# Second report: inferential statistics

Your second report will test the hypotheses you have registered in Blackboard. The report you write will be eligible for participating in the Undergraduate Class Project Competition, and I encourage you to participate. I will happily help give you feedback on adapting your report for submission.

You will test your hypotheses on the data you didn’t use to generate your hypotheses. You should pick this subset out by using the commands

```
set.seed(Last4DigitsFromYourStudentIDNumber)
data = subset(data, !(1:nrow(data) %in% sample.int(nrow(data), nrow(data)/2)))
```

**Important:** This is **NOT** the same subsetting as you did for the first report. There is an additional `!`

that negates the selection condition.

For any criterium stated, if it does not make sense (for instance requesting confidence intervals for a method where no confidence intervals exist), you cover that requirement by point out the non-existence of the requested information.

## Criteria for F

Not handing a report in on time. Omitting one of the instructed tasks completely. Handing in a report where any knitting errors prove difficult or time-consuming to correct. Handing in a report where four or more of the criteria for C have minor errors.

## Criteria for D

Minor errors in the criteria for C. For example: the report file does not knit, but errors are relatively easy to fix; report has grammatical or spelling errors; etc.

## Criteria for C

Your report will, for each of your hypothesis…

- … use the correct subsetting code snippet.
- … be written in readable correct English, spell-checked.
- … be written in RMarkdown that knits without error.
- … be written by yourself: any substantial outside help has to be clearly marked as such and any citations should follow standard academic citation styles.
- … completely state in full detail both null- and alternative hypothesis for each case.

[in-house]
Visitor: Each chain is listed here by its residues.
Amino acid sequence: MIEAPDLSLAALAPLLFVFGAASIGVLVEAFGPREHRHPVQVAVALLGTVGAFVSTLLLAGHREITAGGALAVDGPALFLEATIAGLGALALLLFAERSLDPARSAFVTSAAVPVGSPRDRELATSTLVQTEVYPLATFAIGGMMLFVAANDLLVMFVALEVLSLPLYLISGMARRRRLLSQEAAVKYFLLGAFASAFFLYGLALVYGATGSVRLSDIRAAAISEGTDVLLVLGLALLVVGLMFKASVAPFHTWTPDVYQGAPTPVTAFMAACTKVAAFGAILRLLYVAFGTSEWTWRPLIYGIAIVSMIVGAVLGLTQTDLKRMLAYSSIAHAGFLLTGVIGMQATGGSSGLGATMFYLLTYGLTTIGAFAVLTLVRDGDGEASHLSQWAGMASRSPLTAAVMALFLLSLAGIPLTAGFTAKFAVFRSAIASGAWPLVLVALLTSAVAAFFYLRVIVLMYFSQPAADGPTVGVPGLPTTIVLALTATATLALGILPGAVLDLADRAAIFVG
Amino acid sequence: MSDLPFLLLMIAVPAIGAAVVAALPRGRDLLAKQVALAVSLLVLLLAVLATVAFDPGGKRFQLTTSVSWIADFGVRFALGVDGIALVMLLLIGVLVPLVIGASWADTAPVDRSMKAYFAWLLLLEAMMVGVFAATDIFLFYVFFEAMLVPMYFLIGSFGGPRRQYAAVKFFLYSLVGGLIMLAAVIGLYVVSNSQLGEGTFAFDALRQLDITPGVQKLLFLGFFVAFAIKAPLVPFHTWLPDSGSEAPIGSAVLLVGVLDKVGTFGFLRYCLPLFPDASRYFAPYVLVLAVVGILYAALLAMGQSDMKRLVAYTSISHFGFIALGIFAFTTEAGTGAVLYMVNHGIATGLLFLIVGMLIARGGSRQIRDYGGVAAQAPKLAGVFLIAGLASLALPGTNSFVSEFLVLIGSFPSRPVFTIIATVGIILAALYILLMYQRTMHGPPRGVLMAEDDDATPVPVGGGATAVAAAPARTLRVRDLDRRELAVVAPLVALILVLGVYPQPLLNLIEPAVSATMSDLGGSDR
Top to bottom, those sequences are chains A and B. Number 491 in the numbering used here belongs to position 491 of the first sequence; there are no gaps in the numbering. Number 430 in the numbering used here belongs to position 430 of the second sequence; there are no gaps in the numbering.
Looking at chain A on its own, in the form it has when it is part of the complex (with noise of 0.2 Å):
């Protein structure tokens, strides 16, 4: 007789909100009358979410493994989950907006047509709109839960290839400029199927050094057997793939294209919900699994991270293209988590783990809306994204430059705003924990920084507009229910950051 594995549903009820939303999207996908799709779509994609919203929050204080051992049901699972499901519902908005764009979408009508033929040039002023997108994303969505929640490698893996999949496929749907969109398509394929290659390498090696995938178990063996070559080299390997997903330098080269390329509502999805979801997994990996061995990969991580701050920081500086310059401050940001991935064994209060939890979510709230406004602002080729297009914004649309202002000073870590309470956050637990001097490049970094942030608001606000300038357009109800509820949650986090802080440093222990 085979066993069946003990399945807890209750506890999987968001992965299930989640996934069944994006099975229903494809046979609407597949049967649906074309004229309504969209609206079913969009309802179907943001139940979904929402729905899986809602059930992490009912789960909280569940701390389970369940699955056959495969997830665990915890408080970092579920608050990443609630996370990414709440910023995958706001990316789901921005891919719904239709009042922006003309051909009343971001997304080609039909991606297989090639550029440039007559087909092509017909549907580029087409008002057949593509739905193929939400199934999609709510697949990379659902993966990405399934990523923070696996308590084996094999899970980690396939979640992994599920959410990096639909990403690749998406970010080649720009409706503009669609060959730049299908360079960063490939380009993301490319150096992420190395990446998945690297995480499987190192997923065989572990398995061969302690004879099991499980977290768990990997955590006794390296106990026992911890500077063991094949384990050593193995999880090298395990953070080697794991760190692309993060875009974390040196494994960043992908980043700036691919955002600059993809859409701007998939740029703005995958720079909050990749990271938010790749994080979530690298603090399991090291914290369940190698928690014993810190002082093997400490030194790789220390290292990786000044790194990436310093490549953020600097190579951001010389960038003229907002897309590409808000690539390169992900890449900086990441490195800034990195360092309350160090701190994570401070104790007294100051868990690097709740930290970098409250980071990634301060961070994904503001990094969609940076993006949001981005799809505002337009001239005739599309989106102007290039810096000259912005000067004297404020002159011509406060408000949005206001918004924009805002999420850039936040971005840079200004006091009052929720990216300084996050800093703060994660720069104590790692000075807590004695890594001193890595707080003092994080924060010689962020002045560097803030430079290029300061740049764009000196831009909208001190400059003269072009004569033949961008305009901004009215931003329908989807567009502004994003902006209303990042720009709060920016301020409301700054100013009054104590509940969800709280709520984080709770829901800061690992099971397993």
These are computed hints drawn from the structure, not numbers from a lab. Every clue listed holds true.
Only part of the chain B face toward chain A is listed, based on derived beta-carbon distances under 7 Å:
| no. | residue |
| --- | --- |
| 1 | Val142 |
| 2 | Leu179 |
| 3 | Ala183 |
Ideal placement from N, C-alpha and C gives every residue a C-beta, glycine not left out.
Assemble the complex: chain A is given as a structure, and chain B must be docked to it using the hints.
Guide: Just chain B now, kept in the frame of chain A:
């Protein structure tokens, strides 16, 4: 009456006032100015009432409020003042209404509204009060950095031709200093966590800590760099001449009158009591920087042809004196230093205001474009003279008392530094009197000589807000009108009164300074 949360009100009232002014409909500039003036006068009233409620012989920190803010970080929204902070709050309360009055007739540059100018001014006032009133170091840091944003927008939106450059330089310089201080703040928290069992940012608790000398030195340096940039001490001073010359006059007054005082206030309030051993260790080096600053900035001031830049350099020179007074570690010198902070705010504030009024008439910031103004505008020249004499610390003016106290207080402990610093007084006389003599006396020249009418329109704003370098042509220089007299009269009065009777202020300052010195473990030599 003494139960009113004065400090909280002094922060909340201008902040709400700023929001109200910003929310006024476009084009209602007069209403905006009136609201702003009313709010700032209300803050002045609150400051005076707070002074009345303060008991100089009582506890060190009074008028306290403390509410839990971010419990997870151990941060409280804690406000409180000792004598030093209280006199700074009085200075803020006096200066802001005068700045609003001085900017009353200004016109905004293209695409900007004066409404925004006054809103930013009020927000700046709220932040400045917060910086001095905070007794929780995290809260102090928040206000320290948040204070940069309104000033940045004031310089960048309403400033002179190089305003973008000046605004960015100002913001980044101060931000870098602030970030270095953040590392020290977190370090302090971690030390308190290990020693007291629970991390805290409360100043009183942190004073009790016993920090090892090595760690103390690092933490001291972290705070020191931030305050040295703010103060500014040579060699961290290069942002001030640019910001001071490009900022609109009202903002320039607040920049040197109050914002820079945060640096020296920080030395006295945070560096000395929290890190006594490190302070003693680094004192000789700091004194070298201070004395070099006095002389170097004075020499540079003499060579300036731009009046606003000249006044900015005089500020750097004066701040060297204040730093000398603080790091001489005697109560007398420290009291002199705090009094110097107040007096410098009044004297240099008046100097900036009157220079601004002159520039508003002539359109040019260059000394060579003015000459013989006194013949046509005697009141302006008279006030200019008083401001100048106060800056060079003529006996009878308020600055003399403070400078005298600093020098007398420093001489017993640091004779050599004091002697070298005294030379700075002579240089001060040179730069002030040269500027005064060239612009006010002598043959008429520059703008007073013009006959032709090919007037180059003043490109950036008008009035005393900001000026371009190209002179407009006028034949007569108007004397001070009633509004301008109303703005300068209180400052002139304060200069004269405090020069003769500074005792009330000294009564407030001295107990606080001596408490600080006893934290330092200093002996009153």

- … state a confidence level up front.
- … test every hypothesis.
- … report test statistics and either
*p*-values or confidence intervals for every test performed. Model details (coefficients) where appropriate. - … state a judgement on each test: significant or not?
- … interpret the judgement: what does it mean?
- … verify suitability for the tests you chose. This includes checking for normality of data or of residuals, which can be done using a QQ-plot.
- … fully document any additional data manipulation you decided to perform: if your data is very skew, the logarithm could make tests appropriate that previously were not.
- … name each test type you are using as you use it.

## Criteria for B

For a B, your report fulfills **all** the criteria for an C, and has minor errors in the criteria for A.

## Criteria for A

To achieve the grade of A, your report will also …

- … critically compare the tests you chose against possible alternatives, and motivate your choices: what other tests could you have used, and why did you use this one?
- … report both
*p*-values and confidence intervals wherever possible. - … critically evaluate the weaknesses of your chosen tests: were there tests where the conditions were not completely fulfilled? what arguments are there in favor of or against trusting their results? are the tests known to be robust against the kinds of failures you observed?
- … report effect sizes whenever possible.

You can look at an example of an **A**-worthy report from F16